While the rating for the Council of Ministers seems similar to that of the Prime Minister, with both being rated highest at 3 out of 5, the rating for the former tended to concentrate more around the Centre. However, the rating for the Prime Minister drew 13.5 and 16.3 per cent votes at the two extremes of 1 and 5 out of 5 respectively – indicating a much more polarised and divided opinion over Mr. Modi’s personal performance as compared to that of his Council of Ministers who drew less than 10 per cent votes at either extremes of the scale.
Keeping in line with the performance rating of the Prime Minister and the Council of Ministers, the overall performance of the government also was largely considered average, with 27.1 per cent respondents voting it 3 out of 5. However, at a more general level, the ratings of the government tended to be nearer to those of the Prime Minister – for instance, both drew over 12 per cent votes at the extremes.
The general consensus seems to be that the government’s performance was largely mediocre. Marked by gains in spheres of defence, national security and foreign affairs along with fiascos in terms of employment, delivering on poll promises and ensuring press freedom and civil liberties, the government stands at an interesting position. If it managed its external affairs well, the same cannot be said for matters home.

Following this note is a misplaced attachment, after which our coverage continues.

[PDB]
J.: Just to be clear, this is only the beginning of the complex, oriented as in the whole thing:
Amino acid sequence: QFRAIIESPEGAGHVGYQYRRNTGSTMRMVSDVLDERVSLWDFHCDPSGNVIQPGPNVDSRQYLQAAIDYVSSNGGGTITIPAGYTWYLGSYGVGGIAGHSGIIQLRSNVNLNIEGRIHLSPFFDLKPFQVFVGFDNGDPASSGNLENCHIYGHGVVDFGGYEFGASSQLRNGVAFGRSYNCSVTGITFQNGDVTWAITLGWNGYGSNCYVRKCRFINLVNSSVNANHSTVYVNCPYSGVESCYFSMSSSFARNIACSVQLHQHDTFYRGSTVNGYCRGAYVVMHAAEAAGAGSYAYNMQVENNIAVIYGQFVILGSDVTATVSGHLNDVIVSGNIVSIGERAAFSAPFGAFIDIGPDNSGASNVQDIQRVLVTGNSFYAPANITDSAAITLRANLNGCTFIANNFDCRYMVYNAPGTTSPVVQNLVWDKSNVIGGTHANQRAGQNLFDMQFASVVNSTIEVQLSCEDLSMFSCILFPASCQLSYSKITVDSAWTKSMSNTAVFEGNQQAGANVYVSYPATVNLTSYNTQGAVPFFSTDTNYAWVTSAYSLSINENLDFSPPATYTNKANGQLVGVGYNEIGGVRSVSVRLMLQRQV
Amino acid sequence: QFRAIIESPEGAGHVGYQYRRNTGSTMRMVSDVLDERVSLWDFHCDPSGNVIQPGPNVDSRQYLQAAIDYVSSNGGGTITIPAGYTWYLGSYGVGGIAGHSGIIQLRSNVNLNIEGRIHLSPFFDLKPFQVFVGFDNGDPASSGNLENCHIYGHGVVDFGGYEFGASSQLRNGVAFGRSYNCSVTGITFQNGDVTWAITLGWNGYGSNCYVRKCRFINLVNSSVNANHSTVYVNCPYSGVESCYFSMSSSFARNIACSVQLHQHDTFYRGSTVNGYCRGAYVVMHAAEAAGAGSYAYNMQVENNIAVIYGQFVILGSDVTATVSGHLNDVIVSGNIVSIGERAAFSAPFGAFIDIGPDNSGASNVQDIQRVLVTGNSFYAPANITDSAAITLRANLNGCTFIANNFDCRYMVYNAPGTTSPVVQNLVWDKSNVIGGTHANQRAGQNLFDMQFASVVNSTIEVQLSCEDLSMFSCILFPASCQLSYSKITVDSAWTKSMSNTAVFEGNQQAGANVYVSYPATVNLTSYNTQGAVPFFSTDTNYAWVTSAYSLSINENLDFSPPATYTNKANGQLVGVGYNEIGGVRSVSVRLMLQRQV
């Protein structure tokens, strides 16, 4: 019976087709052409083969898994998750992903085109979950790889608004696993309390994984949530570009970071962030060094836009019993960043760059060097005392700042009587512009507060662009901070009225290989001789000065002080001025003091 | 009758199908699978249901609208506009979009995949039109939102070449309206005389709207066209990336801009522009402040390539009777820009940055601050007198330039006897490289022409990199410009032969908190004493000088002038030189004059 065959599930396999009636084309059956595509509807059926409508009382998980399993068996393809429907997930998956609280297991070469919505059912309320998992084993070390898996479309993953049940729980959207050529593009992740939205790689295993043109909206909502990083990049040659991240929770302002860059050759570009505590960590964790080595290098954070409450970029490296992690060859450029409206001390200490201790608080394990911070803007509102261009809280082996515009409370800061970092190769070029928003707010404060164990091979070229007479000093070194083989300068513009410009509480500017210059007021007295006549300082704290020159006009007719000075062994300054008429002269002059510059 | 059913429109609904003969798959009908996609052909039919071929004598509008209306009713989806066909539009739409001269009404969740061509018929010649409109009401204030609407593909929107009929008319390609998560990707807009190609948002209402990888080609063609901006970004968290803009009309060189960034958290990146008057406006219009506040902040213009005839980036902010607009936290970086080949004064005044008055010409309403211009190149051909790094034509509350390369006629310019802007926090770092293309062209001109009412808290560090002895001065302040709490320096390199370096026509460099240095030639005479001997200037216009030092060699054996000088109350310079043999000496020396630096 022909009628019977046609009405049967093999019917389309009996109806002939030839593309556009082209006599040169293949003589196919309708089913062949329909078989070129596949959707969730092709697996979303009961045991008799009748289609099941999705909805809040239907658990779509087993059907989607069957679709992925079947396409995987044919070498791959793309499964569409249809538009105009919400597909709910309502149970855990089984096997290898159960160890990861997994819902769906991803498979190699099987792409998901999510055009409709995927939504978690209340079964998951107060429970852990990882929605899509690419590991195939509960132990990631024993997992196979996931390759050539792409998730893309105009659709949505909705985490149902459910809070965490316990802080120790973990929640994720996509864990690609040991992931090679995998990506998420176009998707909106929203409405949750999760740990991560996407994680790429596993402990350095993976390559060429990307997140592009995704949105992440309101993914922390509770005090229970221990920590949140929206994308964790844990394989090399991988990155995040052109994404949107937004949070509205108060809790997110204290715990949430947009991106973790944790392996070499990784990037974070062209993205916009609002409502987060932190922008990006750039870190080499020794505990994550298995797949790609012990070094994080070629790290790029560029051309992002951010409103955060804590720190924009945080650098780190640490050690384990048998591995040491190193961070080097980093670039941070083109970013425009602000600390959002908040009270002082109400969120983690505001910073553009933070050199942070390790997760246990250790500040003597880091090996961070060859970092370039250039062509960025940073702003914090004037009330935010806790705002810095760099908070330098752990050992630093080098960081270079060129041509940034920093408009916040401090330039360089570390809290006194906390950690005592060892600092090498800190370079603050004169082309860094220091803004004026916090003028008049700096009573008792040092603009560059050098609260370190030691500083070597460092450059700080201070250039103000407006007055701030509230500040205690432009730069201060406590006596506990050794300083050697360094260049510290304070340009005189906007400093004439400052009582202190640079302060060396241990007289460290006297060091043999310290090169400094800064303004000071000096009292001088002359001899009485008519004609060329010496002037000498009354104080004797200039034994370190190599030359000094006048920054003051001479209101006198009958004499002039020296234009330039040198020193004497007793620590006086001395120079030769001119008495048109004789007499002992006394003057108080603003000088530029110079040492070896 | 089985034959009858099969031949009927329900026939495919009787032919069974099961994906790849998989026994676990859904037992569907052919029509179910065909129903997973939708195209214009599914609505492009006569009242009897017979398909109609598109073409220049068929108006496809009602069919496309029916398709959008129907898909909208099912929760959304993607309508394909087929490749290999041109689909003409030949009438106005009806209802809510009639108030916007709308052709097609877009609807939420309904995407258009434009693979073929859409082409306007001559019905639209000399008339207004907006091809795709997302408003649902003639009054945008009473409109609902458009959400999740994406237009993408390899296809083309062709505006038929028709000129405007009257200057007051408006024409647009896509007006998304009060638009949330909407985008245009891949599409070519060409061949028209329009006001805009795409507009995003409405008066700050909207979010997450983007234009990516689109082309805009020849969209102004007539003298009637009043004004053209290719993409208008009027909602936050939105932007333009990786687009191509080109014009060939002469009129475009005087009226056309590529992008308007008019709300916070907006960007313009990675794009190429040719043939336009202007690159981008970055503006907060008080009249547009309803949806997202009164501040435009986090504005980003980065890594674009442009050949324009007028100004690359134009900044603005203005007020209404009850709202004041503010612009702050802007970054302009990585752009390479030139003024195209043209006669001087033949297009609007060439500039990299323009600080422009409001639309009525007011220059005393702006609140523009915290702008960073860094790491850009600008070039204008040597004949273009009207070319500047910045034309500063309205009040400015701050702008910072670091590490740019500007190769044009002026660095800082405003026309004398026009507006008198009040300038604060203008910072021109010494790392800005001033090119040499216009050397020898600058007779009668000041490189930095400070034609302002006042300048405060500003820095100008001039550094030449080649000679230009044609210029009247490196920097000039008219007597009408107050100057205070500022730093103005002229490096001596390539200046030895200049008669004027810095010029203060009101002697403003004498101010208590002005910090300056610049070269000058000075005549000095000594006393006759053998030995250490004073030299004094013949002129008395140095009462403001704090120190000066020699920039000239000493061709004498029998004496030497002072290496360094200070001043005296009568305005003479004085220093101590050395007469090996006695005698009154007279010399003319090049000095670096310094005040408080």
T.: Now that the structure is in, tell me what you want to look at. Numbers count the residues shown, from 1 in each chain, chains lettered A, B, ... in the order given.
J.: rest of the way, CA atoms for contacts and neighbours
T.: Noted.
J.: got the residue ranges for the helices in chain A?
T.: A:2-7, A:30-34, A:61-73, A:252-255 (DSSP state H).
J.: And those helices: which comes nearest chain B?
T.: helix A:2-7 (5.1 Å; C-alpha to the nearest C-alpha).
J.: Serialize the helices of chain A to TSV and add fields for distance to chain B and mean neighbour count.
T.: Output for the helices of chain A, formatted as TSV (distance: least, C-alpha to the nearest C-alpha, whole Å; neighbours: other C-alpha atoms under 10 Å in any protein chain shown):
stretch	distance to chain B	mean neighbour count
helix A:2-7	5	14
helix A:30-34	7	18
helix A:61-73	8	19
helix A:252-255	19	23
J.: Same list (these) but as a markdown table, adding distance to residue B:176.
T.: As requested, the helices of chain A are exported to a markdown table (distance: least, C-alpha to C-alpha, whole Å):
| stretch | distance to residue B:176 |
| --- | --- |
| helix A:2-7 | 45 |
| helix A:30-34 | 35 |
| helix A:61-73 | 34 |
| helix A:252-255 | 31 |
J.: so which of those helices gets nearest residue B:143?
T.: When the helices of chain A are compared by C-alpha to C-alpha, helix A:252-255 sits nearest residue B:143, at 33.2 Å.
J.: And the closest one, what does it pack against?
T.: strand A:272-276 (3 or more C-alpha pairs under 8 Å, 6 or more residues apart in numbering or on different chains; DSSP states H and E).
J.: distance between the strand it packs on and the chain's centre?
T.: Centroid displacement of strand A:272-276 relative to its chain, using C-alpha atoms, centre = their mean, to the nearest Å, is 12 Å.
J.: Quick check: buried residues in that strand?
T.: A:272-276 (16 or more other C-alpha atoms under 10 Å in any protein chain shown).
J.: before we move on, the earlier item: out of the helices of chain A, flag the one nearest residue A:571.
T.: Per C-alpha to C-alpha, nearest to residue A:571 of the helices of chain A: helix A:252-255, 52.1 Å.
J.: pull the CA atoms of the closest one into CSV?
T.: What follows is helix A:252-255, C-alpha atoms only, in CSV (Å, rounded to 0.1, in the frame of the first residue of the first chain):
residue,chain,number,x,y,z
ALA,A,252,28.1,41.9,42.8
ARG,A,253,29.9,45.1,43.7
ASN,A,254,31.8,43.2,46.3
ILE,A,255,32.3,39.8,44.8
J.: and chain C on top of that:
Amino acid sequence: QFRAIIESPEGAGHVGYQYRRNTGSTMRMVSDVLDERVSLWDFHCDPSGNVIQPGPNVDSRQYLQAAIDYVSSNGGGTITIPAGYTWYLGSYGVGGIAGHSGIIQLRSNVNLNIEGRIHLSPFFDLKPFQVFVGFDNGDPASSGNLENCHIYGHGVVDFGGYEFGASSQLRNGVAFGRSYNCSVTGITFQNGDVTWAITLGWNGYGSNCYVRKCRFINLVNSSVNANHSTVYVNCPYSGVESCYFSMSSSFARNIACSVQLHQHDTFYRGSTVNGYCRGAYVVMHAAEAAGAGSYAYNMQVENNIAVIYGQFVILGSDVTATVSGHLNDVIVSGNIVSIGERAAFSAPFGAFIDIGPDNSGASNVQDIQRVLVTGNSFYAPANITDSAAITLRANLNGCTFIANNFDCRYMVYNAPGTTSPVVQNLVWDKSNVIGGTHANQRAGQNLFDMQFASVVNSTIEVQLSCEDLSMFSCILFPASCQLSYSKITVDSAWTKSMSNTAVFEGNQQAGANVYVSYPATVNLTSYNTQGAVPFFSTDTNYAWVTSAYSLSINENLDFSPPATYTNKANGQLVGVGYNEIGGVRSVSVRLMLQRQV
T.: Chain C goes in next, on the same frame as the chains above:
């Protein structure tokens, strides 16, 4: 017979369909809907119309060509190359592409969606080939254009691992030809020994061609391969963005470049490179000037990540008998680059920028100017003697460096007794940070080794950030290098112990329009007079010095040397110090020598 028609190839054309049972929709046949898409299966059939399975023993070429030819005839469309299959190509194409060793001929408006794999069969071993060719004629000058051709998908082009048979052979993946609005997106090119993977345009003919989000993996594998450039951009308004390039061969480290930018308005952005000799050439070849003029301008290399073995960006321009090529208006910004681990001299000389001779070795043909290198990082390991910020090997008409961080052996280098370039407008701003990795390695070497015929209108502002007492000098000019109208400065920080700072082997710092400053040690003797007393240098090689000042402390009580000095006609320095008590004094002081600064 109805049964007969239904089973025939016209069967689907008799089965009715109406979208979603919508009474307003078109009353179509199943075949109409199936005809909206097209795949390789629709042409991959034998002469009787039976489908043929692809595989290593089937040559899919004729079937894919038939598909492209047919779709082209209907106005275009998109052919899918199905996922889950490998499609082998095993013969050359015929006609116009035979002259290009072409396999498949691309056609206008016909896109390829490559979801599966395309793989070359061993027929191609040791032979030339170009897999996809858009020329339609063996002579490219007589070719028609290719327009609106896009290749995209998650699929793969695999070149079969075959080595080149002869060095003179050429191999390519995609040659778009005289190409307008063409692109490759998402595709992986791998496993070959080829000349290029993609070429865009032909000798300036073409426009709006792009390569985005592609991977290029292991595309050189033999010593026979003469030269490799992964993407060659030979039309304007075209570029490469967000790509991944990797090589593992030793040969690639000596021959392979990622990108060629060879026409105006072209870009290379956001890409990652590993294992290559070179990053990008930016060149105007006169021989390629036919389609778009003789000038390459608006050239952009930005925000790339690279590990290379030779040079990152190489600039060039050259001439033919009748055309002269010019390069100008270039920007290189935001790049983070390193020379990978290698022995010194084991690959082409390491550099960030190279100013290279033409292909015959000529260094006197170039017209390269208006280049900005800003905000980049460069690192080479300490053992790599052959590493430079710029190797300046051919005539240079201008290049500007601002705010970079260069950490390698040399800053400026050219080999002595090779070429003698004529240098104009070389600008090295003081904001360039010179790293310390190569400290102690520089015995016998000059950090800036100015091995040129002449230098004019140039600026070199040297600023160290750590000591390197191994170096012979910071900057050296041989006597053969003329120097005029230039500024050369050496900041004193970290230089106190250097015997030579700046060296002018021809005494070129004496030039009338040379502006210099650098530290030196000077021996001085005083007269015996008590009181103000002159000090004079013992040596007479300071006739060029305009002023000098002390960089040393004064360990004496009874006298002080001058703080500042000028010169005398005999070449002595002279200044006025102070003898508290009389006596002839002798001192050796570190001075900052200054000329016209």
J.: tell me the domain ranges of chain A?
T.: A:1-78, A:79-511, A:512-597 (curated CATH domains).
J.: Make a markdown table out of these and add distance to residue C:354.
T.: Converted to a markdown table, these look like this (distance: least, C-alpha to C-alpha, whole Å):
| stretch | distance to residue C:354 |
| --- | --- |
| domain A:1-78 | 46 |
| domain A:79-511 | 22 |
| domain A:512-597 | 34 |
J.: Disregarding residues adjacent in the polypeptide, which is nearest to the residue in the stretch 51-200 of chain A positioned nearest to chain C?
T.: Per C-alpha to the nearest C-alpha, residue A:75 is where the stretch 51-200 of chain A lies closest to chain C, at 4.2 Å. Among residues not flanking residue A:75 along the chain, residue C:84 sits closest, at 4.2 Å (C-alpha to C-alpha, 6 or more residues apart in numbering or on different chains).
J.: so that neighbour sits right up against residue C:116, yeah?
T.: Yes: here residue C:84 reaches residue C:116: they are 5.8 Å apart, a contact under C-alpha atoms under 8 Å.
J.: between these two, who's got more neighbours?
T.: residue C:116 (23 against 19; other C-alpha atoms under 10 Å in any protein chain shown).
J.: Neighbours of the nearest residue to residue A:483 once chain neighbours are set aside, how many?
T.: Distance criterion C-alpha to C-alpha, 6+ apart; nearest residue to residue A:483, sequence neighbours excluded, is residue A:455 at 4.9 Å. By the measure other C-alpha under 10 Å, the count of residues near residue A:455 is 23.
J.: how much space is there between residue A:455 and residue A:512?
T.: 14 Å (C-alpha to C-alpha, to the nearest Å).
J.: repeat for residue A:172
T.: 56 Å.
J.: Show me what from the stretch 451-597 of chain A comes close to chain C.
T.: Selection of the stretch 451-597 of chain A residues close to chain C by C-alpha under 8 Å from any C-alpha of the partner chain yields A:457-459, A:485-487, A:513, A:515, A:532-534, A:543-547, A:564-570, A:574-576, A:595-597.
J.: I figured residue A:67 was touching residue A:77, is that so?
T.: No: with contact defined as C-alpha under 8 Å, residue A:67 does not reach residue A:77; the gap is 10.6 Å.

These achievements and failures are being seen in the run-up to the elections as well. The BJP has raised its national security and Pakistan rhetoric to a fever pitch. “Modiji ki sena” (Modi’s army) has come to the fore at the expense of jobs and vikaas. The picture being painted of Mr. Modi isn’t one of a harbinger of change, but that of the only true patriot in a sea of sharks.
(Feature image) – Hindustan Times
(Graph sources) ‘DU Mandate: The 2019 General Elections’ by DU Beat.